I have posted before about my time in Albania as an expat returning from abroad to serve my country of birth.

That ended in my resignation, and later some interesting adventures with the legal system of the Albanian state mafia.

So here is my story in short (with attached pdf’s of various documents that corroborate it).

It was somewhere the beginning of 2010 at the University of Vlora in Albania. I was in charge of the computer science department at the time, and as a side project in charge of building a student information and management system for the university with my students.

At this time unknown to me, a local judge by the name of Simo Kolagji, wanted a diploma for his son and decided that the university of vlora would be the right university for that.

So far so good, except that his son was not a student there, but at an unrecognized private school in another town, a diploma mill going by the name of “Kristal University”. Regardless he had arranged for the junior kolagji to take some classes at the University of Vlora as a special student, and that seemed to be enough in his mind to make such an outrageous demand.

His reasoning at the time was some “courses” from “Kristal” could be transferred over to his son’s transcript at UV, in order to graduate there with a full transcript.

I know, if you have read this far your are probably wandering as to the mental health of the judge in question, or what was I doing in such a place? If you read on, it gets worse.

These demands were turned down by the university administration (of which I was not a part of at that time), and Simo sued.

The case was handled by his close friend Fuat Muka, in the same courthouse where he worked. To make a long story short the local court ‘ordered’ the university to award the requested diploma. Here is that vendimi. (The appeals court upheld the decision and the high court too.)

This happened sometime in July 2010 when I was still at the Computer Science department.

Now comes the interesting bit. The university refused to comply with the ruling on the grounds that it could not add fake courses in the transcript of a student that did not exist (officially at least).

In the university computerized system whose development I oversaw such ‘students’ were flagged and were not allowed to register for classes like regular students. That made the computer system implicated in a legal case. And its main creator, me.

The next step for Simo and his friends was to sue university administrators personally in criminal court, for not abiding by a court ruling, and the local prosecutor, another friend of his, barged into my office demanding that the computer system be ‘confiscated’ and ‘turned over’ for ‘investigation on wrongdoing.’ (btw. this system was built an ran on a volunteer basis out of my hosting provider which also hosted in Toronto. The university never paid a dime for its development, nor for its running costs.)

I explained as best as I could that the ‘system’ was a computer program, running in ‘the cloud’, it was not a physical object or a person that could be turned over, but access to its data was always available to everyone who asked for it through official channels. I also explained that the system itself can not obstruct justice, there are users at various levels of access to the system that implement written policies using the system as a tool to facilitate such work.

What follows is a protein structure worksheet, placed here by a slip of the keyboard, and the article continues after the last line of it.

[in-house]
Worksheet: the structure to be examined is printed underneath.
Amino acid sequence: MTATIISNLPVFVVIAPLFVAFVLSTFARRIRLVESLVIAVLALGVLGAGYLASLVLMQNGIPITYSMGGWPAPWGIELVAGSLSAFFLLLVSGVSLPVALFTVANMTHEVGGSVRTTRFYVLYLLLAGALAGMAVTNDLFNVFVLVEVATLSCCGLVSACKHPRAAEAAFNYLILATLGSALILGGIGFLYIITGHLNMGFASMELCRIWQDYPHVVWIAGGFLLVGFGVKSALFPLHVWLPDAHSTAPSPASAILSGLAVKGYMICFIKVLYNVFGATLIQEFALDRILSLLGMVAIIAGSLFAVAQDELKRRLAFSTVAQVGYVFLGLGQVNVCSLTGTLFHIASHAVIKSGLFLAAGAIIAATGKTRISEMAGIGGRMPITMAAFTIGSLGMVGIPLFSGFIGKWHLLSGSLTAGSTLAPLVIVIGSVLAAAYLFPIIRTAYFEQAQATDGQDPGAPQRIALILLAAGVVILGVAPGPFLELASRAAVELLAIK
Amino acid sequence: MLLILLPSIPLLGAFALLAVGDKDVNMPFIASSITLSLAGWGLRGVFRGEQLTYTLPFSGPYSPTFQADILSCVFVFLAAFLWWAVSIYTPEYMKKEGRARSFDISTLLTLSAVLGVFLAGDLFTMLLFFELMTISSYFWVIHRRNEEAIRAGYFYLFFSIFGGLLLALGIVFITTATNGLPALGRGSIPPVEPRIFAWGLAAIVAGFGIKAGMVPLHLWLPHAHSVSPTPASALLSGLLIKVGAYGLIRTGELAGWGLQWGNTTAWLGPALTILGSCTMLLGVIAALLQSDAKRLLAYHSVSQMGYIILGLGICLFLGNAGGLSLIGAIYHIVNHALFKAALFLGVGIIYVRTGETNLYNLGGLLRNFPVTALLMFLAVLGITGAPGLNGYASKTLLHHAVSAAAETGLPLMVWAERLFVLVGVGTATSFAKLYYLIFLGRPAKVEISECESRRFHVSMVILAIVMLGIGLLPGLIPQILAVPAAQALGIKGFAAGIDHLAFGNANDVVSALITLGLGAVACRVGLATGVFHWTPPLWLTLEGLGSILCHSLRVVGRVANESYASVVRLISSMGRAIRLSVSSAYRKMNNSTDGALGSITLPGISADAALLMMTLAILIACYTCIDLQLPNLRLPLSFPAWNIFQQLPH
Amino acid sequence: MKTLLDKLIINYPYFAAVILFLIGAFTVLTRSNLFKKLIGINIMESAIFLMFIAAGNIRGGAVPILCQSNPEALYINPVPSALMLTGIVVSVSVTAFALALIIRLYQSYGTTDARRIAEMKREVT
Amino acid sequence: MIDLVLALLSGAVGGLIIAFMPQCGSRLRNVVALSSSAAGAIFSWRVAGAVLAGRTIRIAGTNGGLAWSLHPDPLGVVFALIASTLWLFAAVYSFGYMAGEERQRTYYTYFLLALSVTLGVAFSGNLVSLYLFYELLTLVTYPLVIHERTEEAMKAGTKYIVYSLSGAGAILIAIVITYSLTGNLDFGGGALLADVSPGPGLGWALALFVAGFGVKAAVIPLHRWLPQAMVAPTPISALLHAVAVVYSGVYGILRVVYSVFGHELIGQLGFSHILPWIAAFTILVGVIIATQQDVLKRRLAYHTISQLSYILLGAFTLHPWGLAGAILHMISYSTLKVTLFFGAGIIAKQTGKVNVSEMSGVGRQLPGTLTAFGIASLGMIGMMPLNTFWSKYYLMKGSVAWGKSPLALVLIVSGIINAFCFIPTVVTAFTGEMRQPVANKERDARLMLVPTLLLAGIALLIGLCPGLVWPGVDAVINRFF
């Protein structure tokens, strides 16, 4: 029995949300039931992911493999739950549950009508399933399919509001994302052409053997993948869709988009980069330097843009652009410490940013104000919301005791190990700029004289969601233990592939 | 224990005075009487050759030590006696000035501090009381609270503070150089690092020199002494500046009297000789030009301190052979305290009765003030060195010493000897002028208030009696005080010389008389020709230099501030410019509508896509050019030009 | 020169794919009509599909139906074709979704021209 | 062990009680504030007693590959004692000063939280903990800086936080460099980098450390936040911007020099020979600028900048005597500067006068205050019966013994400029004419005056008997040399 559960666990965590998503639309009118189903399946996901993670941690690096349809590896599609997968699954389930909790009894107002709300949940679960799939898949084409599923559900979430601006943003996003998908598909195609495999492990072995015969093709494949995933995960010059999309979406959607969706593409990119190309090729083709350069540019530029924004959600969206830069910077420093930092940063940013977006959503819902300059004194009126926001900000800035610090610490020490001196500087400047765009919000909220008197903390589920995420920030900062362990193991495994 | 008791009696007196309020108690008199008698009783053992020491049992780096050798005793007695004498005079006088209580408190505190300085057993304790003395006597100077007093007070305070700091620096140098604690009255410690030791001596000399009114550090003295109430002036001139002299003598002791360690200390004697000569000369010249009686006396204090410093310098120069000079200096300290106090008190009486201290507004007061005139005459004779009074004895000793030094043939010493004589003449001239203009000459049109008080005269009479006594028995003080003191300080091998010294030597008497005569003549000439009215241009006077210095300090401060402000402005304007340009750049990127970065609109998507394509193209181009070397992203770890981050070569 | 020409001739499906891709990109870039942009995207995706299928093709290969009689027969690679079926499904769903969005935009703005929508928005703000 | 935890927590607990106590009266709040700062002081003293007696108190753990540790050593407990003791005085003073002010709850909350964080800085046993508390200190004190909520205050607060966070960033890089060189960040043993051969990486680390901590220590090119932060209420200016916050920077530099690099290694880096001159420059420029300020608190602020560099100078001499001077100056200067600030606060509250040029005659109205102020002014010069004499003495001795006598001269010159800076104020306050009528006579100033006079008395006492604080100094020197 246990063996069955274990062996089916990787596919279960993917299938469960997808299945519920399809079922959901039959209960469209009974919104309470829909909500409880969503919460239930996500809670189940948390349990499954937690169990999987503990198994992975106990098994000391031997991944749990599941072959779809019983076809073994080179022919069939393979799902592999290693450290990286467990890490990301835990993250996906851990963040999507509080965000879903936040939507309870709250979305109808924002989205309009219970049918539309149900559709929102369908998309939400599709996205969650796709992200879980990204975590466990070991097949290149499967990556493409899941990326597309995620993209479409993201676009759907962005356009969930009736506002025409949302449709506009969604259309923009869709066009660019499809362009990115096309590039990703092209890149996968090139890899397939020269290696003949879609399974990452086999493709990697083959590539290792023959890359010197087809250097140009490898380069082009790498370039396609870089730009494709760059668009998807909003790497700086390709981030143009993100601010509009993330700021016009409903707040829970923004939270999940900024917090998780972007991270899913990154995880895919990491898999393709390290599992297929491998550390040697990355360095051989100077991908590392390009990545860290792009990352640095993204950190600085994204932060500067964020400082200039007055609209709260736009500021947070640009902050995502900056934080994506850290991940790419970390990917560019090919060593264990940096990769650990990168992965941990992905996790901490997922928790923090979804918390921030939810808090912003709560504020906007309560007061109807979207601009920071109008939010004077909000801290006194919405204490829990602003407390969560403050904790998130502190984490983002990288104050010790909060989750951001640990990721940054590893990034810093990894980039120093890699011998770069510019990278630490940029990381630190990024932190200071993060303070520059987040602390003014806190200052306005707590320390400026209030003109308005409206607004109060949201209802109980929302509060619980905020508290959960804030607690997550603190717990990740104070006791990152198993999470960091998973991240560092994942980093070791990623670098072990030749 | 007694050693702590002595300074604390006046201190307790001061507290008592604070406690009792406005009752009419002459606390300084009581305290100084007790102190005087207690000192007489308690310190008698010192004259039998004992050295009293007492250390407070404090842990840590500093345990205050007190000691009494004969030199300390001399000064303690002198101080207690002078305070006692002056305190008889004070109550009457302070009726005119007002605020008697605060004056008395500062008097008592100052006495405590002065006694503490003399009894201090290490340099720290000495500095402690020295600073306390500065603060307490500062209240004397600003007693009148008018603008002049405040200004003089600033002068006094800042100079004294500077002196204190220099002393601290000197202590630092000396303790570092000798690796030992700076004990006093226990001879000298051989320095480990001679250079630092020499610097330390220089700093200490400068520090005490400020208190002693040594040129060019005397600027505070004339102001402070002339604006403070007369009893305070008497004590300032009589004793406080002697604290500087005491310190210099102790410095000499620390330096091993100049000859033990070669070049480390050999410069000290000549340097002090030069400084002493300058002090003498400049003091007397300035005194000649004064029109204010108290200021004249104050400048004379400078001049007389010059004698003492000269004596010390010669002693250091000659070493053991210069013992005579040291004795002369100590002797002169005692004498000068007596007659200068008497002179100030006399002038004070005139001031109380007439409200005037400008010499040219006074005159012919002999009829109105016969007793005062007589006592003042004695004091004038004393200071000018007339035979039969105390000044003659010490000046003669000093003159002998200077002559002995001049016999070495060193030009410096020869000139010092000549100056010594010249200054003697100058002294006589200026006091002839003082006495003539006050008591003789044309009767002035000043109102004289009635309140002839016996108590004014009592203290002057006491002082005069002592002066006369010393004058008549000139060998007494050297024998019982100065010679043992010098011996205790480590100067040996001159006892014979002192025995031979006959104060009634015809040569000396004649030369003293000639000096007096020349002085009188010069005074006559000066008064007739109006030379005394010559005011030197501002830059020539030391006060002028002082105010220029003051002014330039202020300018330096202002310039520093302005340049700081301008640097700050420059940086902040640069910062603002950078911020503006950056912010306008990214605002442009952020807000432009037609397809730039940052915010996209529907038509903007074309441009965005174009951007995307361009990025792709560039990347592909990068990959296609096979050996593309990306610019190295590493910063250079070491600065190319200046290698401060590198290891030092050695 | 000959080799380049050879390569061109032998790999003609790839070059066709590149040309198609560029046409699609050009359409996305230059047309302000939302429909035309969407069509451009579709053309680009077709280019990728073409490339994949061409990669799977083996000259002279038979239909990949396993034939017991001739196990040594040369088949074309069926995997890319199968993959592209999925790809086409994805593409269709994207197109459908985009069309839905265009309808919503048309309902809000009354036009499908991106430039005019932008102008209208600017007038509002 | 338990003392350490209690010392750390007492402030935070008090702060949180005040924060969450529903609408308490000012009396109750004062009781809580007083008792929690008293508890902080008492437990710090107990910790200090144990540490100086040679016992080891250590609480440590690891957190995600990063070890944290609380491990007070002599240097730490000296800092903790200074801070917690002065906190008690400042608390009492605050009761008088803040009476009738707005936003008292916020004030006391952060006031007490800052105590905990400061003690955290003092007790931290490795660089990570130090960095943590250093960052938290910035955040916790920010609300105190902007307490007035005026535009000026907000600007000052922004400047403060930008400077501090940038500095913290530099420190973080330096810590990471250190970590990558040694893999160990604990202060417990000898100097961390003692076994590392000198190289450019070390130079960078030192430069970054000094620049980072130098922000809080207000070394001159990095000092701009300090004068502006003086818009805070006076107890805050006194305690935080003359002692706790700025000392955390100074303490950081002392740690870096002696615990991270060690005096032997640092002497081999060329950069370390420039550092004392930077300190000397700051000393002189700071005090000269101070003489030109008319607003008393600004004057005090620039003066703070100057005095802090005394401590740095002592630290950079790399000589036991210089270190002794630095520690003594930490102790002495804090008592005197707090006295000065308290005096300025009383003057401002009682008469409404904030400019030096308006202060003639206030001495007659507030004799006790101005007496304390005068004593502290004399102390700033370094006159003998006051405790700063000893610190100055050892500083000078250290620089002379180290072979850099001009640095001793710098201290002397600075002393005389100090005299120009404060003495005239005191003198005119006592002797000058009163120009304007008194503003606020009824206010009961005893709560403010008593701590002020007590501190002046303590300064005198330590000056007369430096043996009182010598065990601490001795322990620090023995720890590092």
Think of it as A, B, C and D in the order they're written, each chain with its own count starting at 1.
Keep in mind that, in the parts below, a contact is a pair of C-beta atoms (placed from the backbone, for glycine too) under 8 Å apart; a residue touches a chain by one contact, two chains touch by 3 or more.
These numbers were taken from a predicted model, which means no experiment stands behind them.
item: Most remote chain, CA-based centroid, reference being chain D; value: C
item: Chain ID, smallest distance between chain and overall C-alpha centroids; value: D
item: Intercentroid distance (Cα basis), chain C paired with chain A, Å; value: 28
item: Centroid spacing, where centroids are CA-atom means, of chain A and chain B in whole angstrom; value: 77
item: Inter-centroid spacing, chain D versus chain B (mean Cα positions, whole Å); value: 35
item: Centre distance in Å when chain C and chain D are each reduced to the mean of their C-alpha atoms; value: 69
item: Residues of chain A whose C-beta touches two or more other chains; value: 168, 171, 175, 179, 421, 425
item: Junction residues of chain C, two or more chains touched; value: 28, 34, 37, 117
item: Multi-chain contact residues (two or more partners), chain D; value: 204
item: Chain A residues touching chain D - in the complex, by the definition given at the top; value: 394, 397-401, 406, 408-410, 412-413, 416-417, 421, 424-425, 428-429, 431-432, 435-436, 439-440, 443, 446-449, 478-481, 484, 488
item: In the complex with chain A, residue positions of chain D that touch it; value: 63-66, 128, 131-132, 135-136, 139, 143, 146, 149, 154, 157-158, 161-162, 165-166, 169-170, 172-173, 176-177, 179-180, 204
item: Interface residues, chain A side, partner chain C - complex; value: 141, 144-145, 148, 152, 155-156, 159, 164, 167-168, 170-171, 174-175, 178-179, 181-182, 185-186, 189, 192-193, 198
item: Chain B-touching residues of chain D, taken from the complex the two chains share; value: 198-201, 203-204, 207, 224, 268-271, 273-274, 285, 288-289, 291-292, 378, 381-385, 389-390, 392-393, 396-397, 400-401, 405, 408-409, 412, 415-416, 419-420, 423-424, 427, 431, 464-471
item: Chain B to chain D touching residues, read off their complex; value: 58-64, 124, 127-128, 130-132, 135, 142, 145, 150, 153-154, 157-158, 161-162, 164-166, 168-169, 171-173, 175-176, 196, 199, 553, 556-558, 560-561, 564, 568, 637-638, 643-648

Anyhow, by now it was November 2010, a time of major political pressure on the university which caused the university president to resign blaming the prime minister and the minister of education for destroying the autonomy of the university and higher education in Albania. I resigned shortly after and returned to Canada.

Then sometime in May 2011, unknown to me (I was back in Albania at this time because of family obligations), the prosecutors’ office had started a criminal investigation against the former university president and myself. Although I was in Albania during this time, the prosecutor never took the time to call, or inform me in writing of the charges.

The absurdity of such action is obvious for another fact. Vlora is such a small town, that almost everyone there knows when I am in town or out of it. My strong suspicion is that they did not even want me to find out I had been charged with a crime lest I hire a lawyer to fight those charges.

I found out when the matter had gone before a judge. The text of the charges (which can be seen in pdf format at the bottom of this page) against me is mind-boggling.  I am accused of building and ‘controlling’ a computer system that had committed a major crime. Maybe the prosecutor took my explanation of the system being in the ‘cloud’ in a litteral meaning, thus thought I was joking with the aim to ridicule their institution and thus obstruct justice (which is the charge against me, carrying a maximum of 3 years in prison if convicted).

Nevertheless, I was charged while I was there without even given an opportunity to explain or defend myself against those charges, and recently in absentia the prosecutor concluded his case demanding that I go to prison for 6 months.

Today another judge (Hektor Sinani) passed a guilty verdict.

I am waiting for a copy of the verdict but my friend in Albania who is trying to get a copy tells me they are too lazy to write, so it could take a while until it is available.

So, I am now a convicted felon in the country I went to help develop. I will post more information about this case on this blog when it is available.